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"Water, water, every where, nor any drop to drink." This line from Samuel Taylor Coleridge's The Rime of the Ancient Mariner could just as easily apply to CIOs seeking to fill crucial spots in their IT organizations. The world may seem full of systems engineers, network specialists and IT generalists, but when it comes to critical roles like cloud architects, cybersecurity specialists or agile developers, there's hardly "any drop to drink."
What exactly are the causes and, more importantly, what can CIOs do to address this IT talent shortage?
According to the National Science Foundation, the number of computer science degrees peaked in 2004 and did not begin to recover until 2015. There are several explanations for this, but the most likely one is that the computer science job market collapsed during the dot-com bust, leading students to select other fields. We're now missing an entire generation of computer science graduates who would be in senior-level technical roles.
The emergence of new technologies and paradigms is another factor contributing to the IT talent shortage. Cybersecurity, cloud and agile development are three areas with critical skills shortages, and they have all seen tremendous evolution in the past five years. Schools have only just begun producing specialists in these areas, and even as certification and training programs are emerging, long-time practitioners with other specialties still require a few years to make the shift.
Lastly, the attractiveness of IT as a career has declined. Salaries in different areas have stayed flat, even as responsibilities have increased. Moreover, until recently, the excitement had gone out of the field. Since the dot-com bust, most IT departments had the mandate of lowering costs -- investing in technology for business enablement would occasionally show up as a goal for a quarter or two, but in general, IT was pushed to reduce costs. Even when the digital transformation revolution arrived in 2012, IT was shut out. Most companies that invested in digital transformation didn't ask their IT teams to step up to the role. Instead, they brought in outsiders to run the high prestige, highly paid projects.
Addressing the need for new tech workers
How can CIOs address these problems? The most critical way is to create a culture in which technology and technology practitioners are valued by the organization. Nemertes Research typically asks survey participants to characterize their business's view toward technology with four options: conservative, moderate, aggressive and leading edge/bleeding edge (see Figure 1). Conservative and moderate cultures typically view IT as a cost saver, while aggressive and leading-edge/bleeding edge cultures see it as a differentiator and business enabler. The latter viewpoint is a more gratifying environment for IT teams.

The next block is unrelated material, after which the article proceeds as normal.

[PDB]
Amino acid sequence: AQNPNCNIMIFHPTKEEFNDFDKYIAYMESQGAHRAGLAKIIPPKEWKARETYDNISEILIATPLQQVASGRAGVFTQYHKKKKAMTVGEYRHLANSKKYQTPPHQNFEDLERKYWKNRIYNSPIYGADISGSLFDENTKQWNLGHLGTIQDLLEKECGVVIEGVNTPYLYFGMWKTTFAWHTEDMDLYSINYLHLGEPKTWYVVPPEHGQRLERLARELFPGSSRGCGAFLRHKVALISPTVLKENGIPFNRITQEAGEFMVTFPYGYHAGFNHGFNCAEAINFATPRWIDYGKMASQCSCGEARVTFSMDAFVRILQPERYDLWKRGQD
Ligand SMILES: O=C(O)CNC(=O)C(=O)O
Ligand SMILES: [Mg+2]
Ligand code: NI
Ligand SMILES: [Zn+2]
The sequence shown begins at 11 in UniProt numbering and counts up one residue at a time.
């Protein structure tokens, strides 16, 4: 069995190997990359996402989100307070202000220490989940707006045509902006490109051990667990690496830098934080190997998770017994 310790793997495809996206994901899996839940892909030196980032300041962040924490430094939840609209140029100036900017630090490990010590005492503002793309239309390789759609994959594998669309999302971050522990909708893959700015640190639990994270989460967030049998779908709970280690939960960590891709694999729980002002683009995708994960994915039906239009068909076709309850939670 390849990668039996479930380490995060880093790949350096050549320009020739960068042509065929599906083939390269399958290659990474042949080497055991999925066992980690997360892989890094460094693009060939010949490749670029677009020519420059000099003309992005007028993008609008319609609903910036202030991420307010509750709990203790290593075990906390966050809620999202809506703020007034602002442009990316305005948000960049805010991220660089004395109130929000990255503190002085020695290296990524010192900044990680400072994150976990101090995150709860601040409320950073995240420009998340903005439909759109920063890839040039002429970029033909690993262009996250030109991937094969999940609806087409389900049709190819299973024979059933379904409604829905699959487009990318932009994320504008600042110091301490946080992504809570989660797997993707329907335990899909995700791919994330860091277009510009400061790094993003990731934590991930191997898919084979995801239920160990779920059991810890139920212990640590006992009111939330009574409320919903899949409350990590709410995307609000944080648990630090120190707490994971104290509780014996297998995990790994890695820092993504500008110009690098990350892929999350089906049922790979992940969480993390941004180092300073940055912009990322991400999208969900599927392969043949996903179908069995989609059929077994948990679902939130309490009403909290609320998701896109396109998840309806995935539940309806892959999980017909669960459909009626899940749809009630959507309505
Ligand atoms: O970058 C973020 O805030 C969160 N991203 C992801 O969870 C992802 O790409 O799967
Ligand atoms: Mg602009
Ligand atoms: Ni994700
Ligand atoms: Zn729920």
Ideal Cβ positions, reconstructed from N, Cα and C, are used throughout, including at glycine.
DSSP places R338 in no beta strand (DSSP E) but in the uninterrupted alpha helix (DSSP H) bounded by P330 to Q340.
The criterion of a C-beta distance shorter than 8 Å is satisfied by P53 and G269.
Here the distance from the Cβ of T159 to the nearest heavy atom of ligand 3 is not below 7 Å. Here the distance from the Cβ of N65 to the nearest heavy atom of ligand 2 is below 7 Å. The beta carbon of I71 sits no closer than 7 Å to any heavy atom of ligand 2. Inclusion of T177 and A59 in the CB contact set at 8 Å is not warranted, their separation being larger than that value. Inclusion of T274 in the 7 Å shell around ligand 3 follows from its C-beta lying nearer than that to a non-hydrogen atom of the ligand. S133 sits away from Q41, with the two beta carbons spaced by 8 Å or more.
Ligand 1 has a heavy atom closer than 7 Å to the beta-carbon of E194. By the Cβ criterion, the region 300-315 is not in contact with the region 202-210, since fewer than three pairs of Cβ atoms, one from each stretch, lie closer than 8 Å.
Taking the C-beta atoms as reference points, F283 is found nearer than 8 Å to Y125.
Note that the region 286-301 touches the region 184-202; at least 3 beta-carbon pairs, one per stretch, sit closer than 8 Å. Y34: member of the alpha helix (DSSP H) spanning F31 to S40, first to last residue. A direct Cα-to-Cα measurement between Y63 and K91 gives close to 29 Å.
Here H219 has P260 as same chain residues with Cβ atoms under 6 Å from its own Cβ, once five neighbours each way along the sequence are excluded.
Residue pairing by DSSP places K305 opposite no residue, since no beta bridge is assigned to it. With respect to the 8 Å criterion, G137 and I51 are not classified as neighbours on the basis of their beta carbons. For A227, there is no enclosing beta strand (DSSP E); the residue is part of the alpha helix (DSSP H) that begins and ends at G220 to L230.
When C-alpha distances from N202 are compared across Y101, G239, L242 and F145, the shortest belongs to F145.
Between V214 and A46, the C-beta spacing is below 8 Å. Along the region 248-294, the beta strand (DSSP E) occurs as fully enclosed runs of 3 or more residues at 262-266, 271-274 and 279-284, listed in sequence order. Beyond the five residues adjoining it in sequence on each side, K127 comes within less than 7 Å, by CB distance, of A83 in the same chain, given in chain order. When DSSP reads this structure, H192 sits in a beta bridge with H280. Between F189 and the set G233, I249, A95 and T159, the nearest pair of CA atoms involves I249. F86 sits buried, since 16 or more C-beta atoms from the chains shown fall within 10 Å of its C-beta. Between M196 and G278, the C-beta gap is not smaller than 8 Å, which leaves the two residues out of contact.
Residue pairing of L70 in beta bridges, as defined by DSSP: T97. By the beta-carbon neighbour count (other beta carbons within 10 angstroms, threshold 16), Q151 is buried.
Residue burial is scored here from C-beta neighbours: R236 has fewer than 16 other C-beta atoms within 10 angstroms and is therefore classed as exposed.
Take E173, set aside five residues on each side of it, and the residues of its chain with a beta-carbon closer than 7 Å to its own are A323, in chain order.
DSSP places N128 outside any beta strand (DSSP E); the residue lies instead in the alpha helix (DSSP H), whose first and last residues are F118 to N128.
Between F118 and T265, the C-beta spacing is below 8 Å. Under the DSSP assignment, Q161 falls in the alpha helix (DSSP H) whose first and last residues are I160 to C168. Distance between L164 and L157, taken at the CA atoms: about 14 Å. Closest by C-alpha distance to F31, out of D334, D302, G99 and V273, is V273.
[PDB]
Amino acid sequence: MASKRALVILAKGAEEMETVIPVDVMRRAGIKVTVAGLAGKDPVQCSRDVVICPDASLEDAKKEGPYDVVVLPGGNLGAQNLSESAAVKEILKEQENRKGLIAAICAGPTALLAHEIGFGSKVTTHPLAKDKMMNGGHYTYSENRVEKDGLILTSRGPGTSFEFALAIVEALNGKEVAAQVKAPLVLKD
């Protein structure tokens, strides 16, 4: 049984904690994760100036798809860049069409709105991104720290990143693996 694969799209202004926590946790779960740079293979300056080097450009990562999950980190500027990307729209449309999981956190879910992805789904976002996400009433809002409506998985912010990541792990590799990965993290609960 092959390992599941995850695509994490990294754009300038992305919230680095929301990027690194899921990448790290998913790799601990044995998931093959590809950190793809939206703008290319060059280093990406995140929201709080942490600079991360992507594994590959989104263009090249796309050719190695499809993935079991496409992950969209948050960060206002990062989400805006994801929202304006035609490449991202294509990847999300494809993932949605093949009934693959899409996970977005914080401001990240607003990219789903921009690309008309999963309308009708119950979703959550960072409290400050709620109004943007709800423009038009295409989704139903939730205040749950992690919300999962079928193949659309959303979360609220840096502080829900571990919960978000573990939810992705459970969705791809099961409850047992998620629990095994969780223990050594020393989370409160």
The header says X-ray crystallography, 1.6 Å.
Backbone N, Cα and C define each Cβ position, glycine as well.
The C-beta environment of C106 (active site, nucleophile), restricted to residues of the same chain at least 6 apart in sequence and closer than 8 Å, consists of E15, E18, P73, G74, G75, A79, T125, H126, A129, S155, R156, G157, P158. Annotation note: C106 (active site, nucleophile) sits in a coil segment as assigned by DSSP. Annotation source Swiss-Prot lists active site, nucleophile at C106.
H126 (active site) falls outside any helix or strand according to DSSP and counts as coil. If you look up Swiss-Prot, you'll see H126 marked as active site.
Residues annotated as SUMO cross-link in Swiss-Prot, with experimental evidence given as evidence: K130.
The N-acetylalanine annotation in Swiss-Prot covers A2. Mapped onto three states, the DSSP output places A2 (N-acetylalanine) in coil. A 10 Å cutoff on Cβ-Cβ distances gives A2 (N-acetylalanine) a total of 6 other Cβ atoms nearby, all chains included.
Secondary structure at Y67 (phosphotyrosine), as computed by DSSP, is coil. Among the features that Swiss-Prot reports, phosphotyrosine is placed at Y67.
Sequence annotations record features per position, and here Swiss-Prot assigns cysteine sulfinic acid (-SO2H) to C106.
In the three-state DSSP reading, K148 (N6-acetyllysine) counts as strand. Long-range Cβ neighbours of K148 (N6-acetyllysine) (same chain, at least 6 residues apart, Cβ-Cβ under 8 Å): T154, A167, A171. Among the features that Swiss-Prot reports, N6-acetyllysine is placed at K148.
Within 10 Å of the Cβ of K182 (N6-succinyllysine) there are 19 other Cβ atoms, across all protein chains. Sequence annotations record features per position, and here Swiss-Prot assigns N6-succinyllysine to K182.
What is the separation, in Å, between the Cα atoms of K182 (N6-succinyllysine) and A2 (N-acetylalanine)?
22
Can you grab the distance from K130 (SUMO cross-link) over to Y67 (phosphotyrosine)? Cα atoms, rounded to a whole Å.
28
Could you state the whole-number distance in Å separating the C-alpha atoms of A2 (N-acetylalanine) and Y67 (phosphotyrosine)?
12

Beyond that, there are three practical steps that can nurture IT talent.
Internships with promising high school and college students. Organizations hoping to lock-in the best and the brightest tend to start early. Recruit promising students in high school and college and offer them paid internships on interesting projects. These candidates are more likely to join the firm when they graduate.
Compensation and support for completing technical specializations. In many areas like cloud architecture, vendors offer solid and effective training and certification programs. Rewarding technology practitioners both financially and in terms of career advancement will encourage practitioners to make the effort to learn more.
Invite IT to the table for critical strategic projects. Most strategic projects these days are dependent, at least partially, on technology yet IT isn't often brought to the table. Nemertes found companies launching digital transformation initiatives are more likely to have ideas initiating from IT (see Figure 2).